“Audits would be rightly concerned with the change management process,” said Schidlow. “You don’t want to see a wholesale unplug, reboot and start‑up. Like any other model, regardless of its sophistication, you want each deployment or iterative change to be tested prior to deployment. You want to ensure it will deliver the output that you anticipate with strong governance, and by a measured and well‑documented change management process.”
Costs related to people represent the number one expense within Kane’s department. Having a supercomputer take seconds to perform what would take a team of humans days or weeks is an obvious boon of handing over onerous tasks to RPA. It should free up staff from monotonous work, reducing the likelihood of the boring nature of such tasks leading to avoidable errors.
“Nobody wants to do work that seems remedial and soul‑sucking,” said Kane. “If you’re looking at false positive after false positive there’s a risk that, when you come across something you ought to investigate further, you dismiss it because that’s what you’re habituated to do.”
Many firms have resources dedicated to the onerous tasks of examining data quality, Schidlow noted, focusing on ensuring that data-quality dimensions conform, are consistent, appropriate, accurate and complete. With technology, these resources can be better deployed.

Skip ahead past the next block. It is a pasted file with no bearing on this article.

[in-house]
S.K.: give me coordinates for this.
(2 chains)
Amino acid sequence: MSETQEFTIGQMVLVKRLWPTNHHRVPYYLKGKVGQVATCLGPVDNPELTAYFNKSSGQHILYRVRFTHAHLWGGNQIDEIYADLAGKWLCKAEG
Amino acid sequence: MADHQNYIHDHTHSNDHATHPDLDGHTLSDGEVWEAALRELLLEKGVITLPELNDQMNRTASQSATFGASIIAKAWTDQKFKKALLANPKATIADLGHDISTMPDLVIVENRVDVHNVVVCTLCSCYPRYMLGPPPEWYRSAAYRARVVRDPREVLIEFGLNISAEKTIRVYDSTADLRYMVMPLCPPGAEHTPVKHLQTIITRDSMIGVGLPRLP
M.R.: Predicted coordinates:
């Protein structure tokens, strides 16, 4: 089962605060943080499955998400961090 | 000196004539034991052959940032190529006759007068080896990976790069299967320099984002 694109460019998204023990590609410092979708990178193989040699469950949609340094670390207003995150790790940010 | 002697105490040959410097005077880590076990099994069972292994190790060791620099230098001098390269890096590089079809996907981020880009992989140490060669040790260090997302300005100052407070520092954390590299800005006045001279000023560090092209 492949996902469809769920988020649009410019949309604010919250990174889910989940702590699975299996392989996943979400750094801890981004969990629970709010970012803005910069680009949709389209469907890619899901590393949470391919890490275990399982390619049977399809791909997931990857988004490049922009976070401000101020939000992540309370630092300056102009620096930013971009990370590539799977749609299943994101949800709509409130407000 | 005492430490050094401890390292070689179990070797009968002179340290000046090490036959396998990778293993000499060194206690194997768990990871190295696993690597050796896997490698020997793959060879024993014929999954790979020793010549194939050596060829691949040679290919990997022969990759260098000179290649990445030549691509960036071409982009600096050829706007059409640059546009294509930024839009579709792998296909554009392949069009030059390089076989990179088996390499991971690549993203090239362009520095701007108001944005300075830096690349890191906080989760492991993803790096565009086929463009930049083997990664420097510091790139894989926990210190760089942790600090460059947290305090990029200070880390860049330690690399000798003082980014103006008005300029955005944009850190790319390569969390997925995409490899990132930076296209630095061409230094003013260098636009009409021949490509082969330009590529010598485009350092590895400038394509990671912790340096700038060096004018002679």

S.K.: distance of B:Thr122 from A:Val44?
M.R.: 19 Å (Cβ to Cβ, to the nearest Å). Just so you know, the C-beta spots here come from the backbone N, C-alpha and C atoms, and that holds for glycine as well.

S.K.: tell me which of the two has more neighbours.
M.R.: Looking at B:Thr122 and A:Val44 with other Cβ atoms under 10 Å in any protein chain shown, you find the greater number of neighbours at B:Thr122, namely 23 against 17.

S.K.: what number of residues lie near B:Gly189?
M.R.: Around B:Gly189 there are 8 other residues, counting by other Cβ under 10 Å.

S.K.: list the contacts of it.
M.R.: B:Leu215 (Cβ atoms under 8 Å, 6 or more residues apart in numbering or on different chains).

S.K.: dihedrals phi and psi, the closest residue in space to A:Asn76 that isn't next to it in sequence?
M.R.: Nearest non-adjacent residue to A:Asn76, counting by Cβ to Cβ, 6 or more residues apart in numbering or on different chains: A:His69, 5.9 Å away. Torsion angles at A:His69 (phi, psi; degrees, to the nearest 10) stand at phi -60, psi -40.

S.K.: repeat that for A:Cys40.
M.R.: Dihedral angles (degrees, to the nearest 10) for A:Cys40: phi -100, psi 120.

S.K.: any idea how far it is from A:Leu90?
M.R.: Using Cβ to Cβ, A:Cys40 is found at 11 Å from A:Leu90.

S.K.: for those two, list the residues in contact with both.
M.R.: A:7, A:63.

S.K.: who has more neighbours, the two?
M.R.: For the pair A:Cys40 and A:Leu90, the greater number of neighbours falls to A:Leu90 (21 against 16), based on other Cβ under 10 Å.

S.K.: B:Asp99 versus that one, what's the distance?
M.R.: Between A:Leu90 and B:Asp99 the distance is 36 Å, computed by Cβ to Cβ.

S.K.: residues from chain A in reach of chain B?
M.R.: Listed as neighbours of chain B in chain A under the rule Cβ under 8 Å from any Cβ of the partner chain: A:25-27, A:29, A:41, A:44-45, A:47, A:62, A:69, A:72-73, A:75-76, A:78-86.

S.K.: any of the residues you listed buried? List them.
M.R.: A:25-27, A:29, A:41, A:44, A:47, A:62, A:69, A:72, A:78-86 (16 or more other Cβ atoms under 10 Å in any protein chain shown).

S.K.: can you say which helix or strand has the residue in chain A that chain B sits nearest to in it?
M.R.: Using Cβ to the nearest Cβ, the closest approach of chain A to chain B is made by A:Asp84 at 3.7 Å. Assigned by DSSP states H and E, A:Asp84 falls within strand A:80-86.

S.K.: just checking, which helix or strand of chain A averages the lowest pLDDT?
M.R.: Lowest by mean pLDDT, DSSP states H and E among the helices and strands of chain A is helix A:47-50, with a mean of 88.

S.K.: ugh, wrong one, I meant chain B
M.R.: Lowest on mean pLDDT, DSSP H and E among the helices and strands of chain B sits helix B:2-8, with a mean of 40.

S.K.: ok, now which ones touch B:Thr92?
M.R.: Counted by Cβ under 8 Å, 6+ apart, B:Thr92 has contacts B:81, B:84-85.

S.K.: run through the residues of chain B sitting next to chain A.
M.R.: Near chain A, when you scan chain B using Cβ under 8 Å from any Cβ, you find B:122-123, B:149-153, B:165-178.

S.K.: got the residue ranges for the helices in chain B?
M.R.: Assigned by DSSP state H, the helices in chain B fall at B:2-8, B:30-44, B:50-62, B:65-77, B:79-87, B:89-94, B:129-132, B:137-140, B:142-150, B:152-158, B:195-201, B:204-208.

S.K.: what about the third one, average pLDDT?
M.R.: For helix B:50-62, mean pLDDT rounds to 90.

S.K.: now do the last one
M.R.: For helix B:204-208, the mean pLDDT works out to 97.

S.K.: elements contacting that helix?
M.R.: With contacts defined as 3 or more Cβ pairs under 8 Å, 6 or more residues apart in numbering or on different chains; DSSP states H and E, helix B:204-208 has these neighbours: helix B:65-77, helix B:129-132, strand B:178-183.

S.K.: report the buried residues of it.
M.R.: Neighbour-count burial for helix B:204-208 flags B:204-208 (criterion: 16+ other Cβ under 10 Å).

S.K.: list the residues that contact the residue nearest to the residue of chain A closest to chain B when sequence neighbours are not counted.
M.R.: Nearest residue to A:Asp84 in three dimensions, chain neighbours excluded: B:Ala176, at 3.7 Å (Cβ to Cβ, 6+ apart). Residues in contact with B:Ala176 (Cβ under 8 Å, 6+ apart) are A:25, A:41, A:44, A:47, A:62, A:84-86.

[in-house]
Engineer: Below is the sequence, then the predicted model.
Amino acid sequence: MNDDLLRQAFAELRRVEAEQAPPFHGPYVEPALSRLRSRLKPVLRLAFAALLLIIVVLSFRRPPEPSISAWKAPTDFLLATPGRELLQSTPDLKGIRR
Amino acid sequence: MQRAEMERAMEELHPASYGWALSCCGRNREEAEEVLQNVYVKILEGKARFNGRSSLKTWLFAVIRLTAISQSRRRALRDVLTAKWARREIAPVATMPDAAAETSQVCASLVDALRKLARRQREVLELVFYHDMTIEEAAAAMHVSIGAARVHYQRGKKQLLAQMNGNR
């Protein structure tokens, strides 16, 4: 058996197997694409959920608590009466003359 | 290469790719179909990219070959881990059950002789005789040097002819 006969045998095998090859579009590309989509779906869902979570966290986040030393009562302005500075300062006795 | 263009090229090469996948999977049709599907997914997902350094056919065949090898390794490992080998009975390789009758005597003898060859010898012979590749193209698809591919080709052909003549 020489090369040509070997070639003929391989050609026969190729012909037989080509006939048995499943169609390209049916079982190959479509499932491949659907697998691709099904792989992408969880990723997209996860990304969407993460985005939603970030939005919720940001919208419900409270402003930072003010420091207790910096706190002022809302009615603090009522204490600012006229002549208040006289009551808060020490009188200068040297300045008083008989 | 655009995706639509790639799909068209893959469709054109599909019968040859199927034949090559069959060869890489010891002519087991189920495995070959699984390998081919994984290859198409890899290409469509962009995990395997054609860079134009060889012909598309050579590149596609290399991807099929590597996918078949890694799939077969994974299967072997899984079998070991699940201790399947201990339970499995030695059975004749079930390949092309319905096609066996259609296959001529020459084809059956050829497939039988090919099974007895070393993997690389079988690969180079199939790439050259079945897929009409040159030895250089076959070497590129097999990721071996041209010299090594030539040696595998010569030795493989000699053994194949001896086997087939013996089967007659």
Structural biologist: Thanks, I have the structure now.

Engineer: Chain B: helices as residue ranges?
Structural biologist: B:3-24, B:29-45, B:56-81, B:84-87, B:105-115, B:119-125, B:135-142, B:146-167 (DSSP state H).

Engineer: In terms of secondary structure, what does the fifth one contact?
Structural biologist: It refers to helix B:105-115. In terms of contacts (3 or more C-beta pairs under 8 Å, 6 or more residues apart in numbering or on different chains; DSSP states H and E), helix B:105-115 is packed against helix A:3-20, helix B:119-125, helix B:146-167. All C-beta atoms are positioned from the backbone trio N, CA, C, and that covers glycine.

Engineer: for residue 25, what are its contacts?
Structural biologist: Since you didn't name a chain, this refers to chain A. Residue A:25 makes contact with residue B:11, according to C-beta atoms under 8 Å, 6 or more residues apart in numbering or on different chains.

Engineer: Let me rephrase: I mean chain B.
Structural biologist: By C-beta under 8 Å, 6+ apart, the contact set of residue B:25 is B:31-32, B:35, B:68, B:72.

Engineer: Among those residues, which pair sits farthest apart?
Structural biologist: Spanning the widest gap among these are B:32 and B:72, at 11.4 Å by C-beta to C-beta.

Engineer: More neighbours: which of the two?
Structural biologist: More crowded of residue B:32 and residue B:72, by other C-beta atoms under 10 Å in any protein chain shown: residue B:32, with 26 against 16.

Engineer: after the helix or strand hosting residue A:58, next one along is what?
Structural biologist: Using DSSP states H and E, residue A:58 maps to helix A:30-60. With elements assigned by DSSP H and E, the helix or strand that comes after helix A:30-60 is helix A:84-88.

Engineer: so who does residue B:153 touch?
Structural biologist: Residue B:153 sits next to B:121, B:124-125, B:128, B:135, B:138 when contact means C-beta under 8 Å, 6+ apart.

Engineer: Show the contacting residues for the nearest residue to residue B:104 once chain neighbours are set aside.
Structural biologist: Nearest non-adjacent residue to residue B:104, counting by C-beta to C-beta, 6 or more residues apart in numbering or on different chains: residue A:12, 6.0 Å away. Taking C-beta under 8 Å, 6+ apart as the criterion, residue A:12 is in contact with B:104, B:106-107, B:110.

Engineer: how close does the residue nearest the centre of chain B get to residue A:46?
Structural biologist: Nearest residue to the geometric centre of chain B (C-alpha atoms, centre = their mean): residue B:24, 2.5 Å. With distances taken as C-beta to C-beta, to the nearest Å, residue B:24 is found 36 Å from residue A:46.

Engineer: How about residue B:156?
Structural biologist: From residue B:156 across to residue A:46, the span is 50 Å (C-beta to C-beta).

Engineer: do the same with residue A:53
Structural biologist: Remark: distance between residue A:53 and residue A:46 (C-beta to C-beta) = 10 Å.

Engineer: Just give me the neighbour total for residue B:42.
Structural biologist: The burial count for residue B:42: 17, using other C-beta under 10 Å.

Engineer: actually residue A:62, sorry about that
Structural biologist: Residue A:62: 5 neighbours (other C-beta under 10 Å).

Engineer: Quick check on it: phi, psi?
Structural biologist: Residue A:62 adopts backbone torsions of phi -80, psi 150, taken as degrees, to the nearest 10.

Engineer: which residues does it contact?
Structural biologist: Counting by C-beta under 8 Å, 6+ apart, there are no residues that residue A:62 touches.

“Let’s say, as an example, we’ve done a batch analysis of our trade receivables group and, of 1,000 transactions, about 450 had data completeness issues because they all had the same or a similar missing field. By using automation rather than manual processes to know that these transactions did not meet this data-quality dimension requirement, you’d be able to identify the root cause,” said Schidlow.
“If you’ve expedited what would have been a 30-, 60- or 90‑day audit in a matter of moments, that allows you to triage where a specialised team of data auditors can focus. That’s not to say those issues are minute or irrelevant, but there are bigger fish to fry. By automating those data-completeness processes, you’ve freed up human resources to work on something with even more relevance, significance or urgency.”
Sending in a robot to automatically file or structure an SAR or to undertake the data-quality dimensions of auditing frees up people for more profound work. That can lead not just to greater organisational efficiency for the bank, but also to higher levels of job satisfaction for its employees.
“I want people free to use their minds as much as possible,” said Kane. “We work in an interesting industry. People deal with sexy‑sounding risks of crime – narcotics, sanctions, money laundering and terrorist financing. While those things are terrible, it is meaningful for people in the banking world to go out and say ‘We’re finding these things and we’re making a difference.’”
The panellists were speaking in a personal capacity. The views expressed by the panel do not necessarily reflect or represent the views of their respective institutions.